What a interesting opinion piece on renters' human rights by Adam Hughes Henry ("Renters' rights are human rights", canberratimes.com.au).
The human misery and stress inflicted by rental non availability and unaffordability on many renters in the ACT is, I believe, one of the most serious issues afflicting the Canberra community. The issue goes beyond creating highly significant individual and family financial stress.
It impacts across areas of family disadvantage, social inequality, isolation, homelessness, petty crime, mental and physical health and family violence. These all cost the community and our local budget dearly.
Many factors affect high rental levels but the ACT government persists with what are easily the highest rates of land tax in Australia. It equates to about $4000 per annum imposed by the local government on a landlord renting out an average old suburban house.
It is more in suburbs where land values and therefore rates and land tax are far higher (try $10,000 in rates and $15,000 in land tax on an old house with land in Yarralumla). The levels of land tax charged are completely unnecessary and are the result of the ACT government spending too much on lower priority policies and projects.
The cost of the land tax is naturally passed onto renters by landlords.
The ACT government parades itself as innovative and inclusive and the protector of various human rights. But it fails miserably on the most basic issue of housing costs. It is responsible for much stress and misery in this city and irresponsibly passes these problems onto various social agencies and charities.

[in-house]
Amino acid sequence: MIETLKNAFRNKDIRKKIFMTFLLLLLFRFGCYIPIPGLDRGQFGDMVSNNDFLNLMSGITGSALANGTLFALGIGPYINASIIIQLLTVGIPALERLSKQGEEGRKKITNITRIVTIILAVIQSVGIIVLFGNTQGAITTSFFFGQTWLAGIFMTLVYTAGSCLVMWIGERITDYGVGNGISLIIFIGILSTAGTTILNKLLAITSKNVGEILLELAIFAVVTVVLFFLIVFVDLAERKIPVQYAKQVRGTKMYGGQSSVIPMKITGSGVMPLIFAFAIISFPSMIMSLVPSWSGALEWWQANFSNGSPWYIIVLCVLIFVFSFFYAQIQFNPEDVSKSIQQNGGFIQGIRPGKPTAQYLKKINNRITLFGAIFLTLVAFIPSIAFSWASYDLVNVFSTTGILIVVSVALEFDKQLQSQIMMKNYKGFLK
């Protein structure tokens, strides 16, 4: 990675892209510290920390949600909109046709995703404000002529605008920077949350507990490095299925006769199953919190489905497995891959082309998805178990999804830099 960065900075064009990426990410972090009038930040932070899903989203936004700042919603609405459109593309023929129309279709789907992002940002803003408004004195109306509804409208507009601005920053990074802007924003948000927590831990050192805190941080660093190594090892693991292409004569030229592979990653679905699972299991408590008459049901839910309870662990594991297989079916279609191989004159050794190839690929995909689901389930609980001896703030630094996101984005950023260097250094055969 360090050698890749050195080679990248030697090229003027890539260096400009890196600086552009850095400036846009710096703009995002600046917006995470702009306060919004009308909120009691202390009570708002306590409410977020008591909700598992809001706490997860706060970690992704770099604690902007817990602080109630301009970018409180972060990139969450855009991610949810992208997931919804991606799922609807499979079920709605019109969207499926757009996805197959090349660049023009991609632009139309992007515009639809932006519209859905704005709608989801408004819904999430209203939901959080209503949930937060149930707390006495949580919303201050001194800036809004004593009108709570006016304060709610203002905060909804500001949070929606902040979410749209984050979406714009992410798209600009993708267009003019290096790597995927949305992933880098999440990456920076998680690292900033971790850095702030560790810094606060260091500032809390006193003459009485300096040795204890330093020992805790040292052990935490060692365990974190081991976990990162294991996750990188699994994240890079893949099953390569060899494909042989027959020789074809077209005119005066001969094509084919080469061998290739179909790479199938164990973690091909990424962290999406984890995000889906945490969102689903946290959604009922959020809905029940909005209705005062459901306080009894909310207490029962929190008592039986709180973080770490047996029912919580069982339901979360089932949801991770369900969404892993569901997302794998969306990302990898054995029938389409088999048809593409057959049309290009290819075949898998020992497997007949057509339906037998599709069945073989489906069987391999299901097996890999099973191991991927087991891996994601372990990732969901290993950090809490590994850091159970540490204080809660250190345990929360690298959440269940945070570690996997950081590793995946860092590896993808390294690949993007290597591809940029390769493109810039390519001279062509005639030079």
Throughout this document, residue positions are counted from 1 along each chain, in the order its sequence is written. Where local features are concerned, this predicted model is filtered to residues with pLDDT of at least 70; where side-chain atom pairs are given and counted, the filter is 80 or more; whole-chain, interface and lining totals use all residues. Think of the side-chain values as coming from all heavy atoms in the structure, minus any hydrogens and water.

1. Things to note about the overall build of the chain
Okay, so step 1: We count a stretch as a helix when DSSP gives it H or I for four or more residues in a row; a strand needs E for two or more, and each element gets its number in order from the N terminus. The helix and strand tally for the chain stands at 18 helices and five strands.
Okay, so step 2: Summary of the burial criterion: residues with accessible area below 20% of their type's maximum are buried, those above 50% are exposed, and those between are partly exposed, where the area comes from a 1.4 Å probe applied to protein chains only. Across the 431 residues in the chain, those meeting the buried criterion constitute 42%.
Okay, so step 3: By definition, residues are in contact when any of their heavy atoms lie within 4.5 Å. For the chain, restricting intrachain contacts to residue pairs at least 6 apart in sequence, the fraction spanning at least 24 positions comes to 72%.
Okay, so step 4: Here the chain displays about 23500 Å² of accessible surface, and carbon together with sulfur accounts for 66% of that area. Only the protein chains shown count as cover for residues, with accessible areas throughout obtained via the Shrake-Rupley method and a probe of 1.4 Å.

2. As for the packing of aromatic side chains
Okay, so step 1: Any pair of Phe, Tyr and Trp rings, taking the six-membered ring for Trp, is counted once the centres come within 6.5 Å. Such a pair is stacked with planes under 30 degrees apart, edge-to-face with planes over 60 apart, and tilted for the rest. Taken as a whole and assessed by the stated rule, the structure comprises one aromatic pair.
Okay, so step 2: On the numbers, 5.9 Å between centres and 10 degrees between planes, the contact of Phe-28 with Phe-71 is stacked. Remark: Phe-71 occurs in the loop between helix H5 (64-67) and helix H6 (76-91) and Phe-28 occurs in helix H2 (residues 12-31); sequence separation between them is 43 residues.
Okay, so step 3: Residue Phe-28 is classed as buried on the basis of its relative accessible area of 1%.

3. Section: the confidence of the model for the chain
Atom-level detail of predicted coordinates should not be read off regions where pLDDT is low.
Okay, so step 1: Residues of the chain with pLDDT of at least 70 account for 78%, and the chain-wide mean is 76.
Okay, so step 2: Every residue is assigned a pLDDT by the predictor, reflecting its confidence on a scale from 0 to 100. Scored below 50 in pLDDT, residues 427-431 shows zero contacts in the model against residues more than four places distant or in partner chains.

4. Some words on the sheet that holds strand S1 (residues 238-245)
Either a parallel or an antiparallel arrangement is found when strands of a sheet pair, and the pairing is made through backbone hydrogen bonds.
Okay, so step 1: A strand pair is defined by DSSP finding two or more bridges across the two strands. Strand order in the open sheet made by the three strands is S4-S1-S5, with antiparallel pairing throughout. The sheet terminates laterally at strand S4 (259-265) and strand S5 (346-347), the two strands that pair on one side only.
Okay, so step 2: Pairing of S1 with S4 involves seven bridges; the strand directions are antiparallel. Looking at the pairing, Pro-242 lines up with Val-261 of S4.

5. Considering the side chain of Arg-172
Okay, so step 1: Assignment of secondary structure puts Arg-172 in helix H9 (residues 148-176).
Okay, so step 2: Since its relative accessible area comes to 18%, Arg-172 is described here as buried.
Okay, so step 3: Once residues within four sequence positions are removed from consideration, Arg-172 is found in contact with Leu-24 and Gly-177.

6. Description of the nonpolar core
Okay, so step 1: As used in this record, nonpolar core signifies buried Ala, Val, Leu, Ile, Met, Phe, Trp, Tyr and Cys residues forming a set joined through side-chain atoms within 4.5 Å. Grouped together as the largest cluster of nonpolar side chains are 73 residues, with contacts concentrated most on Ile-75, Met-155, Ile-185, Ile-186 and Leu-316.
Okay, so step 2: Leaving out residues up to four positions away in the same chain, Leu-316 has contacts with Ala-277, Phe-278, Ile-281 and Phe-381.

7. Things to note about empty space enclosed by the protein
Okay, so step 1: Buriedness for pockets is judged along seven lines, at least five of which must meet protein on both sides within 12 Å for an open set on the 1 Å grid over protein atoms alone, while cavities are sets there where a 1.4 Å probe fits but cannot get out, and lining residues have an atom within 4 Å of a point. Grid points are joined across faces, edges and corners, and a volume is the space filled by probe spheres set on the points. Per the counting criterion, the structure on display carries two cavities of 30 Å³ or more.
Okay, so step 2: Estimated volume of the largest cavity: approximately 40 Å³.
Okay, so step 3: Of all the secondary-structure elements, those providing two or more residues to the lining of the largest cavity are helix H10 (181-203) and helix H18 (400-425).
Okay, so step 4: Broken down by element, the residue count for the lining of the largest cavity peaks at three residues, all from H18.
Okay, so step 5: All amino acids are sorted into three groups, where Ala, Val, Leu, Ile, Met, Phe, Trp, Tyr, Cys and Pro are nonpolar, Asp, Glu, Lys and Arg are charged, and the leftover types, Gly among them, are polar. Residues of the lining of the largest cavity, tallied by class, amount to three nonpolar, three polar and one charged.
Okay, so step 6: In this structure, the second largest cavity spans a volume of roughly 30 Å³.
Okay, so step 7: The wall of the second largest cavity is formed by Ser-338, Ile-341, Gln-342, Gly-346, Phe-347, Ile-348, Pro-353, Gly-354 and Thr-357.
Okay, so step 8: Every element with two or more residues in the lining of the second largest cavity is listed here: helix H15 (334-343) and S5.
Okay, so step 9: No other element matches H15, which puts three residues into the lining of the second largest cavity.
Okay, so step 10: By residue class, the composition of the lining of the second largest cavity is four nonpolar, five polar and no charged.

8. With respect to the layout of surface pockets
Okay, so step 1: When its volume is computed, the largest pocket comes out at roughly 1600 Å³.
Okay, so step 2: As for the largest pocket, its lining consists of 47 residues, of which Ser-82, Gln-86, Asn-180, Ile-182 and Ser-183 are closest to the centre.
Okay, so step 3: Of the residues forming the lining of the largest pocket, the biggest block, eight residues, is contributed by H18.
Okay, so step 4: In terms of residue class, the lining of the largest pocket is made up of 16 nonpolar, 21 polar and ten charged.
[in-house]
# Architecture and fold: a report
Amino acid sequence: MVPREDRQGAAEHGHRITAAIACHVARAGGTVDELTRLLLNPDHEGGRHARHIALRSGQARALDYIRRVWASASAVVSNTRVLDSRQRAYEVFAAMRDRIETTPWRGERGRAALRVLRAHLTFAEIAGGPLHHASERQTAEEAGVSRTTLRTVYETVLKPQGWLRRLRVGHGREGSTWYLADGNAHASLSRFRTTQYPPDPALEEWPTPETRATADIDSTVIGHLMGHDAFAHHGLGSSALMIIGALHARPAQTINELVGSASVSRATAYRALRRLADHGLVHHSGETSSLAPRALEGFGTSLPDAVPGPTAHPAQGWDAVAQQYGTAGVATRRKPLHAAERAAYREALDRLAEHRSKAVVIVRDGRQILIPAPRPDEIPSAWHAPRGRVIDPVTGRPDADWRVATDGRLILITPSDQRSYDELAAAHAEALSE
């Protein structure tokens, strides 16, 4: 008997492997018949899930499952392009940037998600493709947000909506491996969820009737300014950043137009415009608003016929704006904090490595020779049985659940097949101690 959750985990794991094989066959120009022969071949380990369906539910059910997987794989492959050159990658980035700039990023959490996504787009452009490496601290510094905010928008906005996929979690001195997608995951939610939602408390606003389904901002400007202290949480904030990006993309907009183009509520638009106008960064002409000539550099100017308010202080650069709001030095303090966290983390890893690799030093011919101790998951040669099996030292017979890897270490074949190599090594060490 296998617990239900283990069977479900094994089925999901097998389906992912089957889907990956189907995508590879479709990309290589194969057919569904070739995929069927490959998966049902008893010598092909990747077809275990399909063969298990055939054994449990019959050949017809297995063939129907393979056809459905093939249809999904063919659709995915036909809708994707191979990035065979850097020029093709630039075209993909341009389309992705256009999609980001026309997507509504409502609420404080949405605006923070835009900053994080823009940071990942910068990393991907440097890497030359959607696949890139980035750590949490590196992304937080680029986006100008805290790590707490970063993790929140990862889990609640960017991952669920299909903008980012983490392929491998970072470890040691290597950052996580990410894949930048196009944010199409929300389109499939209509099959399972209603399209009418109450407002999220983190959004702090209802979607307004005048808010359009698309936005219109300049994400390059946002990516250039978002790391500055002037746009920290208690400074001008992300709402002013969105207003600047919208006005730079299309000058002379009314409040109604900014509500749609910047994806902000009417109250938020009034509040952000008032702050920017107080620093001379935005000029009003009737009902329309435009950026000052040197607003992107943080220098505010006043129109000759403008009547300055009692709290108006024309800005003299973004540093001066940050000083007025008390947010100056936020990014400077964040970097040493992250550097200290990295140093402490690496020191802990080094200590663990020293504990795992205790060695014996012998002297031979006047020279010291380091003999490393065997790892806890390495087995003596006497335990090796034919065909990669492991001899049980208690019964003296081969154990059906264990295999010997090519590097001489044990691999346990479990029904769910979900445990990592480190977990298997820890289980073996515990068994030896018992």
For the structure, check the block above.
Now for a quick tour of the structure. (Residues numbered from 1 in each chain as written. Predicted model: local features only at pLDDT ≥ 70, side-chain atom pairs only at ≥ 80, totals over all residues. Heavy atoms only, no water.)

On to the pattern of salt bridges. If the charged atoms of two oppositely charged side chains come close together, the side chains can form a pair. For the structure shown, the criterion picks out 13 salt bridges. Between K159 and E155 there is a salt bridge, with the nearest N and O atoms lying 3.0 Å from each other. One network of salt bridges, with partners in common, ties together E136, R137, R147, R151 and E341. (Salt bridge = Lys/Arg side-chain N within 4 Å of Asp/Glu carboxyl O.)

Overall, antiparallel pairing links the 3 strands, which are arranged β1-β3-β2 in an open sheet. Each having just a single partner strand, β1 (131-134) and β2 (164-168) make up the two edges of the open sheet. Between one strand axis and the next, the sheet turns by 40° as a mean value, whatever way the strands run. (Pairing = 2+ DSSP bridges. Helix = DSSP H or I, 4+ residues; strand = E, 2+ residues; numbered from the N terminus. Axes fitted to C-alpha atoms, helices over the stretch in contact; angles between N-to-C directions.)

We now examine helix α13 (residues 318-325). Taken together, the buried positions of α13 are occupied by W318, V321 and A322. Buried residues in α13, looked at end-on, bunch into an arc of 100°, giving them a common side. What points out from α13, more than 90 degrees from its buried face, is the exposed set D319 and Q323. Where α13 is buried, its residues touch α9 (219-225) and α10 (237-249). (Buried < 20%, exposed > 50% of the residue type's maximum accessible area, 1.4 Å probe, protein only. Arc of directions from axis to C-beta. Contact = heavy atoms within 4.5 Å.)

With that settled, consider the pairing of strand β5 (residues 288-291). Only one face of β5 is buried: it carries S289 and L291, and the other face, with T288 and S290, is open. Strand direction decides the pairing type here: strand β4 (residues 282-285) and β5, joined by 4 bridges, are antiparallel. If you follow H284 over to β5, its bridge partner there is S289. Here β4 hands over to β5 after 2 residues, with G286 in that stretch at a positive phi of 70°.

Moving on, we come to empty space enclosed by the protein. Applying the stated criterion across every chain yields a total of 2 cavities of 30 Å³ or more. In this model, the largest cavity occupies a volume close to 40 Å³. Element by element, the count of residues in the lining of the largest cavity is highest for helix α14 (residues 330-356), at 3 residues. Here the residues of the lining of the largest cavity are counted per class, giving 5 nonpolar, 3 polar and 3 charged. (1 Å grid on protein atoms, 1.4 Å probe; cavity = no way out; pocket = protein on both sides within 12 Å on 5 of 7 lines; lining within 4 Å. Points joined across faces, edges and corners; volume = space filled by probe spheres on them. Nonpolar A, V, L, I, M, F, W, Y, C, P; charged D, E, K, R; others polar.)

Nothing appears likely to change this situation.
John Mungoven, Stirling
Democracy under threat
On January 6, 2021 the most egregious attack on American democracy in modern times took place; the invasion of the US Capitol building by far right extremists.
In Australia we recently had a similar attack with the burning of the doors of Old Parliament House (the Museum of Australian Democracy).
While not of the same magnitude as the attack on the US Capitol it was just as serious taking into account our much smaller population. Just as in the US, the attack on OPH had a background of far right anti-vaxxers and anti-government demonstrators from all over Australia.
Although democracy and real freedom are under increasing attack all the police spokesperson could say was that things got a little bit out of hand. The Greens have not apologised for the disgraceful comment from their Senator Thorpe. There has been little media or expert commentary.
What is going on in Australia? Is our democracy at risk or will the supposed laid back "practical" nature of Australian people ensure our democratic institutions are safe ?